I graduated from architecture school in 2003 and I worked for Alan Plattus at the Yale Urban Design Workshop for a few years and Gray Organschi Architecture for a few more. I had a kid, came back to school. By this point, Loria had been built – the art history department had moved in. The building had undergone its most extensive renovation, had the new HVAC system put in, and the paprika carpet was put in.
By the time I returned for my PhD, there were no more parties in the school. There was certainly no graffiti, there were no operable windows, and definitely no spray painting or resin pouring on the studio floors, or anything like that. On one hand, the shop facilities were so much more extensive and so much more generous than they had been before. On the other hand, they became the only spaces where you could do this really kind of gritty work. I don’t know if that’s a bad thing or a good thing necessarily, but it was certainly a change.
MK: Which spaces, if any, have you come to think of as your own? We won’t steal them.
SS: I have a real soft spot for the front stair. I think it really exemplifies the kind of dynamism of the building as a whole. I think it’s the space where Rudolph, and others for that matter, took the most care, which is ironic maybe since it’s sort of a fire stair now. When I was in architecture school, it was actually the main entrance to the building, Loria wasn’t there. That little door from the stair that exits on the first floor, which is “exit only” now, was the door that everybody used, people just slipped in. There were only two elevators, where the laser cutter rooms are now. They were notoriously slow and cranky and unpredictable. So you often found yourself using the stairs even to go from seven or six down to the basement.
Another thing I love about this stair is that moment where Rudolph cast a nautilus shell into the wall. There are other kinds of objects cast into the wall, and the various plaster casts he took from the Art Gallery. Given that it’s mostly a fire exit now, it may seem ironic or inappropriate, but it’s where the building’s identity as a teaching instrument is most apparent. Thinking about this building, on this campus of Neo-Gothic buildings clad in limestone, it really speaks of the character of concrete as a former liquid now made solid; a kind of crystallization of geological time in the present. I also like the quality of the air in the stair, it’s cold, it’s crisp, it smells like concrete. Right? It smells like time. I think the rest of the building has largely lost that character because the HVAC system is so complex and efficient and weird. In the wintertime, it’s really cold and it’s a little damp, but for that, it smells like it should and it feels like it should when you’re in a ruinous concrete behemoth.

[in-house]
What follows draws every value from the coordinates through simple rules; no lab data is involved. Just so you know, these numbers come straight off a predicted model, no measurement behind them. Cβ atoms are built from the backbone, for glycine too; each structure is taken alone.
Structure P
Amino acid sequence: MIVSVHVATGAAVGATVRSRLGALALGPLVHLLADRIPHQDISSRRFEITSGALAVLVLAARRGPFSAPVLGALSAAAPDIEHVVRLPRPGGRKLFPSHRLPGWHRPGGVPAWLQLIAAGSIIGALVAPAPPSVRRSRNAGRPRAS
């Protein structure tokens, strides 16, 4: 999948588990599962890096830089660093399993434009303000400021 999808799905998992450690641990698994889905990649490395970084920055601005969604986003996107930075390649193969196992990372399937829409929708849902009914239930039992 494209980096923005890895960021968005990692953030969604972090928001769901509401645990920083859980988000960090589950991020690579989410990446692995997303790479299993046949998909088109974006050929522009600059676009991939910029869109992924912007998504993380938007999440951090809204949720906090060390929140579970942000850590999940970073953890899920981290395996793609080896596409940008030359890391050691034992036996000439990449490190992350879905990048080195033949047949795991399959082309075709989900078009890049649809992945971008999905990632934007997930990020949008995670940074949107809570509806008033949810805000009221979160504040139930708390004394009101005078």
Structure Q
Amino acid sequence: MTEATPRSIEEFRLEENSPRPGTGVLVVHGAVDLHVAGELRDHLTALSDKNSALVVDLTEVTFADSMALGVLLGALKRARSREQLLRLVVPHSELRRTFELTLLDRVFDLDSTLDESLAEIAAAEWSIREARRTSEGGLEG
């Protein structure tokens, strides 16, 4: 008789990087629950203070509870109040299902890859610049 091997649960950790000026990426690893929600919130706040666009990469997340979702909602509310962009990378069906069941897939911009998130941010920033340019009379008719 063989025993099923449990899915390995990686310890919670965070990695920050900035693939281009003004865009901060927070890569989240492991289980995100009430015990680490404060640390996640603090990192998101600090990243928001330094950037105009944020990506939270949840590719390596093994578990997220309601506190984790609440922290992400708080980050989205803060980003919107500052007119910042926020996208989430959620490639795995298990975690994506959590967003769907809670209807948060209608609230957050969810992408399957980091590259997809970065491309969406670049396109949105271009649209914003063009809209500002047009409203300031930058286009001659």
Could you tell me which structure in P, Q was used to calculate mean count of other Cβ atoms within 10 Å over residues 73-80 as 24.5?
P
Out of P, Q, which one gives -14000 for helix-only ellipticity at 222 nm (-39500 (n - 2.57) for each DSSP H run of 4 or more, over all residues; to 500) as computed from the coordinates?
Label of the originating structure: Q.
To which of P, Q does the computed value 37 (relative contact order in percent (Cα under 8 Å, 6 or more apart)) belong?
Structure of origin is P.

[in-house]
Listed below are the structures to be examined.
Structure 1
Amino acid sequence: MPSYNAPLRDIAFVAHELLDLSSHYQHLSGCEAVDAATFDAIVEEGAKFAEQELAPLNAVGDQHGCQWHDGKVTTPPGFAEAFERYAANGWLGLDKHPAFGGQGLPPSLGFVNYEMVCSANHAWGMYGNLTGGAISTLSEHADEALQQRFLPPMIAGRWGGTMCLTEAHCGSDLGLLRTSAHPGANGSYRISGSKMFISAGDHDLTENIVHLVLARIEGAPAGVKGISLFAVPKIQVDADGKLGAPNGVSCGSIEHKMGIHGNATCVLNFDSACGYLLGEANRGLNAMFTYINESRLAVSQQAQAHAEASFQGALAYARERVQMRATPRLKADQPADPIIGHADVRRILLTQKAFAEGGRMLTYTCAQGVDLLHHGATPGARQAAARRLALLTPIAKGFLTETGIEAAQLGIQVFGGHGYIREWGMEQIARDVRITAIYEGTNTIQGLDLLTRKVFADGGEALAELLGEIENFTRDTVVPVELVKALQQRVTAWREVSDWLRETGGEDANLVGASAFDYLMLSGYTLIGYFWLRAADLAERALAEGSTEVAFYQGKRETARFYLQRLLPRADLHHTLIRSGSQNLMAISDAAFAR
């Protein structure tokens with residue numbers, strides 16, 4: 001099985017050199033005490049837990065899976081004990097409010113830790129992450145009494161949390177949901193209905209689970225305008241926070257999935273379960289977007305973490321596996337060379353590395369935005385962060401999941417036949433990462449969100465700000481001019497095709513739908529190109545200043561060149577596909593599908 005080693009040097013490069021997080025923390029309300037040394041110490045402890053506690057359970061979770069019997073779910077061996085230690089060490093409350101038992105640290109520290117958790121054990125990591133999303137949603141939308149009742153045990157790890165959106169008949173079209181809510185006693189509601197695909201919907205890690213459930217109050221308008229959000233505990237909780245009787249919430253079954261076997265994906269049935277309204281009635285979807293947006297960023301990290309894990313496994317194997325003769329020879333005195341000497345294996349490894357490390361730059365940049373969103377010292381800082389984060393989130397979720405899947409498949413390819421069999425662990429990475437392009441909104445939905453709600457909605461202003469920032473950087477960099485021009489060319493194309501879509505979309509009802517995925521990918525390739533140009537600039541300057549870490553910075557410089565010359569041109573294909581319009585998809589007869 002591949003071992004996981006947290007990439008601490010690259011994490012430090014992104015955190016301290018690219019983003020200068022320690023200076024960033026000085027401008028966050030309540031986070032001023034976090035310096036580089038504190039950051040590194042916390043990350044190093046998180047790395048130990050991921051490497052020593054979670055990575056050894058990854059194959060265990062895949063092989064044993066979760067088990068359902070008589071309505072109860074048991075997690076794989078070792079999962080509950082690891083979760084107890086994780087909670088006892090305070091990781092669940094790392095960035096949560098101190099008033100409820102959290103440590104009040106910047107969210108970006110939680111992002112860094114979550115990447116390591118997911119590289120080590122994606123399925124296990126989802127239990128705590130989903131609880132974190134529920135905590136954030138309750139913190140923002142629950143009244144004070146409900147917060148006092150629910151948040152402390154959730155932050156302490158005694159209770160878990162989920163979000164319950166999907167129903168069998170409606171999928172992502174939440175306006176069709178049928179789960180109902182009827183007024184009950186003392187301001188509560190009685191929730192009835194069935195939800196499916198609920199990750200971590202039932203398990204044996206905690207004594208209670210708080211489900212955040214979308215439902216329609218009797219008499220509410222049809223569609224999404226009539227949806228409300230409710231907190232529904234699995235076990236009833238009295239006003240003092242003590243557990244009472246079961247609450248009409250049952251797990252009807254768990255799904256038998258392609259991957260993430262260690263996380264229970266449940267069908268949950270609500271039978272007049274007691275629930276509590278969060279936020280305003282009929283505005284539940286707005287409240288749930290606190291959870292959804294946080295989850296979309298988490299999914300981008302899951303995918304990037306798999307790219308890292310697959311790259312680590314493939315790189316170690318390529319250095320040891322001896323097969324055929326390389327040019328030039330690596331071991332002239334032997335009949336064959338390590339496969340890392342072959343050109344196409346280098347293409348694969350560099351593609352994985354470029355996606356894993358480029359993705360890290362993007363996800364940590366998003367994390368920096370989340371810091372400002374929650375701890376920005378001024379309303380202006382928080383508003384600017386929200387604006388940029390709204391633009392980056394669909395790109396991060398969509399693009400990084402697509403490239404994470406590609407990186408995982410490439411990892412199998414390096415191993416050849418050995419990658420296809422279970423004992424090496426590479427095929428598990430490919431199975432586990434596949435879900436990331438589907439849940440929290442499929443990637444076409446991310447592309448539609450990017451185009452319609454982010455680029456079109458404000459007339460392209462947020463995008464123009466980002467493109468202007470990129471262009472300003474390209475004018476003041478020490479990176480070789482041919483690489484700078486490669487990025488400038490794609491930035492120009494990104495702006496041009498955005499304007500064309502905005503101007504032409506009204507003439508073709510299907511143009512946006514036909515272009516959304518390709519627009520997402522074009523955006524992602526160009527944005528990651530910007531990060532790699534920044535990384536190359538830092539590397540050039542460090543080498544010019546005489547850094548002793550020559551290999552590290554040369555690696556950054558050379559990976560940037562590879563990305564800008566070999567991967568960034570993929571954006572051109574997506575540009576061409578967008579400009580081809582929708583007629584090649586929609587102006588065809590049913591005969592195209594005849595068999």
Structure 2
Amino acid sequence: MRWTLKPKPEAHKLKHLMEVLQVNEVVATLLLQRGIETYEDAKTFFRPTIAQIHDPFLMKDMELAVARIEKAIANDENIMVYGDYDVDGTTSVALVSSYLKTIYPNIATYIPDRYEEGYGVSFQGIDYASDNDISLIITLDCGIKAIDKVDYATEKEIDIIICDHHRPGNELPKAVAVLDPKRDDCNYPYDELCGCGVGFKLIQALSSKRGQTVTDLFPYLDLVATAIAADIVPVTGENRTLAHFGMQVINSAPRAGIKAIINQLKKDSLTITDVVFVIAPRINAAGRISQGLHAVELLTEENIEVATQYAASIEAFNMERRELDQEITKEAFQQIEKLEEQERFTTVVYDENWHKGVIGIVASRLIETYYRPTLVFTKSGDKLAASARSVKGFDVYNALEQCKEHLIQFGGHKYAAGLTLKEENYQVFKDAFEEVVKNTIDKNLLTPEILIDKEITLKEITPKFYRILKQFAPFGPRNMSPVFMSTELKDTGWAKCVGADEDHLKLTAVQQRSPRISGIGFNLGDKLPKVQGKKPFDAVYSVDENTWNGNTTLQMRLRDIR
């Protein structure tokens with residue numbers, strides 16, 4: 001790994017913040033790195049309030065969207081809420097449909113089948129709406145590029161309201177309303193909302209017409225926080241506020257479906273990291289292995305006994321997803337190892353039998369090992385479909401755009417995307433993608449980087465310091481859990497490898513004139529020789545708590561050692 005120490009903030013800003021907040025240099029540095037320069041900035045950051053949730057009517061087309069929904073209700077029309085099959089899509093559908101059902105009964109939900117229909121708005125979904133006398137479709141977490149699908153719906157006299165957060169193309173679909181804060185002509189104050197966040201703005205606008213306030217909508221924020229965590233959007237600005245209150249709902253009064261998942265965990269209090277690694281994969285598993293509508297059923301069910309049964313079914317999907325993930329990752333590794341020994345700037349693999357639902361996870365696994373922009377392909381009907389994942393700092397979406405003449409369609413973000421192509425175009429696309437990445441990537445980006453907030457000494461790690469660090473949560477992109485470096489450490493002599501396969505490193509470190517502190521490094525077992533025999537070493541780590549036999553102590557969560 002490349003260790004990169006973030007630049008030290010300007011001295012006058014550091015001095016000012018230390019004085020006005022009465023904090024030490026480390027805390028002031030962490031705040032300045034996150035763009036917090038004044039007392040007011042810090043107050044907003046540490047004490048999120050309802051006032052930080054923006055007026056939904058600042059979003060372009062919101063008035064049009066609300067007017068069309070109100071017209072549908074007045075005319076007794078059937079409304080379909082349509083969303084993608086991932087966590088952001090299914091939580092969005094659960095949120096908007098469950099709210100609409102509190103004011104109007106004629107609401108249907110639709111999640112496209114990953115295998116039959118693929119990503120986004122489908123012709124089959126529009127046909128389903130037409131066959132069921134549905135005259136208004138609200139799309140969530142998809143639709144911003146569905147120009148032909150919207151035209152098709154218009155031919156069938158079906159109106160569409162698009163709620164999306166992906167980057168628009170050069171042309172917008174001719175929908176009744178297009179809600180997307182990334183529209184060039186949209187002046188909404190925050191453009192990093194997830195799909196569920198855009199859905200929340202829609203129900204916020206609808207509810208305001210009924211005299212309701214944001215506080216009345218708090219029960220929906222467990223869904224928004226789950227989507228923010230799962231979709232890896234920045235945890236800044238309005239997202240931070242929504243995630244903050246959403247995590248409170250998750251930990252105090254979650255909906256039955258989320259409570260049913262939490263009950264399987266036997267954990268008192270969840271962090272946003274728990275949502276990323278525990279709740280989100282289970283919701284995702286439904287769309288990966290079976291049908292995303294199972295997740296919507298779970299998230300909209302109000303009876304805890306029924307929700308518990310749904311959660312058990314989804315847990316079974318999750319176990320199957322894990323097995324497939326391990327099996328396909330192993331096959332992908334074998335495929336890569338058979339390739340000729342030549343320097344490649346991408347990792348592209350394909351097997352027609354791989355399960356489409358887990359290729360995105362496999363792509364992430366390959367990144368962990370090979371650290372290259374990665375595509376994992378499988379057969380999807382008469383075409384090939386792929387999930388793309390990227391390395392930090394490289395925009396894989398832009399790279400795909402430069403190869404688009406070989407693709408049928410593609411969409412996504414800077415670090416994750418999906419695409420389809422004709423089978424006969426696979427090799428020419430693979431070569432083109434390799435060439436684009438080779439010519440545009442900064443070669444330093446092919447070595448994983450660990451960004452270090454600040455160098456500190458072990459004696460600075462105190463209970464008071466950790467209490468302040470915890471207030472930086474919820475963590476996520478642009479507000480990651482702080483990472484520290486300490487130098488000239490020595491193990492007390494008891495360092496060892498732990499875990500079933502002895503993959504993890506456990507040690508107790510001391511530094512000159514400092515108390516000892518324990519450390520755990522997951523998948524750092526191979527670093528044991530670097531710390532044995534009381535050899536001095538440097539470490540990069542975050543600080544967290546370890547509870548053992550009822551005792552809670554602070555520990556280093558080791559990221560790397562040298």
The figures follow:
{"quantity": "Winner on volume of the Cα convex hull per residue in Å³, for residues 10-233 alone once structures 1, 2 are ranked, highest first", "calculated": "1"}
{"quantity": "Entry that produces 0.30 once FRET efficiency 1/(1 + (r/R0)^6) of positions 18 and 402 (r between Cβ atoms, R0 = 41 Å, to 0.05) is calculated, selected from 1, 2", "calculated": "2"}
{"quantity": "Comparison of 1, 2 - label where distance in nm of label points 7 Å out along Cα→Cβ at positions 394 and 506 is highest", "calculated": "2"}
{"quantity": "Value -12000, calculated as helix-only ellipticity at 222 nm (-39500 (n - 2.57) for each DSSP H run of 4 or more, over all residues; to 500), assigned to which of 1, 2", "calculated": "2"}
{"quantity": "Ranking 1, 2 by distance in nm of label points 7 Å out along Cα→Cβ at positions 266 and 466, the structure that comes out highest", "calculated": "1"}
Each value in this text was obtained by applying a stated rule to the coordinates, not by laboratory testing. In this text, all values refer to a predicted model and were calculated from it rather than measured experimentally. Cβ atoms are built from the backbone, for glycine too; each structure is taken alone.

MK: When Luka and I were writing the issue prompt, I sent him a twelve-minute recorded recount of a nightmare. I registered this dream inside Rudolph Hall, but the only space that was recognizable was that staircase. It was the way I got around in the dream.
LP: I also have a really special relationship with the stair, and take my dinner there sometimes. I remember my entire first semester I would always eat on the mezzanine level between fifth and sixth, and there was someone practicing their singing every single day for about half an hour around the same time on some other floor.
SS: Was it a Whiffenpoof?
LP: No, no, it sounded like traditional Chinese singing, I think. The resonance always felt perfect for those kinds of moments
SS: It used to be even weirder. There used to be a bathroom or two off the stair. And the MEDs had an office on what is now the sixth floor landing. Just above the sixth floor, there’s a window from the stair into the foyer outside the sixth floor studio entrance. That used to be a door. And behind that door was an office, which I believe was the bathroom for the seventh floor penthouse. In any case, there was a shower in there. It was a windowless room where the MEDs were granted some little bit of real estate. In some ways they were privileged because they could bathe after an all nighter.
LP: Were there any people, students, professors, anyone at all, who might have taken you on a walk around Rudolph Hall, a sort of Virgil figure with whom you feel your understanding of the building irreversibly changed?